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Otters, cormorants, mink, crayfish ... what the Angling Trust has done to tackle predation

13.07.18

predation

There has been a great deal of comment in the press and online about predation of fish. Mark Lloyd, Chief Executive of the Angling Trust & Fish legal, has written an article setting out the actions that the Trust has taken on predation over the past few years to deliver the Predation Action Plan it produced in partnership with the Predation Action Group, and summarising its policy. This summary sets out the key points briefly:

Otters

Otter numbers have increased in recent decades as a result of the ban of certain pesticides. Captive-bred otters were released in a small number of locations until the 1990s but there is no evidence of any releases of captive-bred otters since then. In some areas they may be at their maximum population; in others they are still recovering to this level.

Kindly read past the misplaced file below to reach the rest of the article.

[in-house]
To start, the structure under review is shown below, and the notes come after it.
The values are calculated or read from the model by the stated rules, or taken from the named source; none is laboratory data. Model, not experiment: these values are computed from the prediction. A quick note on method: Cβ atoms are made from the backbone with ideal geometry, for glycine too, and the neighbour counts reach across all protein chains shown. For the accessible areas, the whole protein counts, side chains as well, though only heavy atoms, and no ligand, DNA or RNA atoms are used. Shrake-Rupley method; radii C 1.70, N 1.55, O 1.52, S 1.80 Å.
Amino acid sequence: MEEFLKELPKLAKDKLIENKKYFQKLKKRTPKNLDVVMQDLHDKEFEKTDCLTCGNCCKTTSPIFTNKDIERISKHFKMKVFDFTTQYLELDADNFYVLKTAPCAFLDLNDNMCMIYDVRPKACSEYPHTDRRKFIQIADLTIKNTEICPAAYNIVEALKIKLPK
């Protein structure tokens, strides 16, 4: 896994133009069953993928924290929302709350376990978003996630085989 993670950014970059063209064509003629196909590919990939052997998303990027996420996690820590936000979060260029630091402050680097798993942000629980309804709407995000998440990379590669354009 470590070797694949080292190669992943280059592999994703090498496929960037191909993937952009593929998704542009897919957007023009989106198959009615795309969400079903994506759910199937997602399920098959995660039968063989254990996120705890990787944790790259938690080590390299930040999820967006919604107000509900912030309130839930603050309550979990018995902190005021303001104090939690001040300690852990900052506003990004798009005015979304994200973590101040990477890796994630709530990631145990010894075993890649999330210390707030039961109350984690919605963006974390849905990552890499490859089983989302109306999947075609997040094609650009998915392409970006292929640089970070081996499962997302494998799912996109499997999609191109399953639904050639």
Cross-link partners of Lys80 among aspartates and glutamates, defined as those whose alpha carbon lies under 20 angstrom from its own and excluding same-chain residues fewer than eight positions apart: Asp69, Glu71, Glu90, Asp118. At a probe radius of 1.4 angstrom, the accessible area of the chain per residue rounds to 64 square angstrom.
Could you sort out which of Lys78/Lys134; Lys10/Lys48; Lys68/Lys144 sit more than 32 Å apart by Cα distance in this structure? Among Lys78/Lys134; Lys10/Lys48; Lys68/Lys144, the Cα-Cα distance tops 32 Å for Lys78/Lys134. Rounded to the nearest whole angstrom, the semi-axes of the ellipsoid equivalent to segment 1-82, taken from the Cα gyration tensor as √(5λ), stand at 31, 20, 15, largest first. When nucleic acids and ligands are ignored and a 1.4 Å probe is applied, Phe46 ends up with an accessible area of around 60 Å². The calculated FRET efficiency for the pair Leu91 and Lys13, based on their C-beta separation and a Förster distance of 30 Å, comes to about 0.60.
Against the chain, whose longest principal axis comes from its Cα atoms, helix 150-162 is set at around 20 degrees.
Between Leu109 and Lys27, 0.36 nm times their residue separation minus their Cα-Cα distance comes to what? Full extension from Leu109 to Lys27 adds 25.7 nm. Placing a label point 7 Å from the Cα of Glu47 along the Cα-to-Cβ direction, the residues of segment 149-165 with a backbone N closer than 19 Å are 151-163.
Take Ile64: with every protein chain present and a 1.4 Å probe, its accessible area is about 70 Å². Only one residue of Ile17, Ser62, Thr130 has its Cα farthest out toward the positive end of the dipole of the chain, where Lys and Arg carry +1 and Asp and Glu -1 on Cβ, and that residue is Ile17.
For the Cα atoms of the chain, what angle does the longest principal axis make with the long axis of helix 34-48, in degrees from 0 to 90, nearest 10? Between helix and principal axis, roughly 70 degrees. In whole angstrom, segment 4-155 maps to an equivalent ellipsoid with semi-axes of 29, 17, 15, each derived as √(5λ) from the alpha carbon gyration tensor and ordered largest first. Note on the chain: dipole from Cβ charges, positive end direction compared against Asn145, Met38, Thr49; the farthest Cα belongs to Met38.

There has been a serious impact from the return of otters on a number of specimen river fisheries and many still water fisheries and fish farms which has had an economic impact on businesses and has changed the nature of fishing on many venues. This will continue as numbers grow to their maximum level and we need to find ways of managing this change.

The Angling Trust has secured grants from the Environment Agency’s rod licence revenue to fund fencing around still waters and it gives expert advice to hundreds of clubs and fisheries about how to apply for funding and how to manage fisheries to protect them better from otters. It has secured licences to trap otters inside fenced fisheries for release outside the fence. The Trust is investigating other ways fisheries and clubs can legally deter otters from entering their fisheries.

We believe that the best way to protect river fish populations from otter predation is to restore the natural habitat by tackling the many problems on our rivers from the destruction of fish refuge and spawning habitat, pollution, barriers to migration, over-abstraction of water and invasive species like signal crayfish and mink. The Angling Trust & Fish Legal have a wide range of campaigns and legal action to address these issues.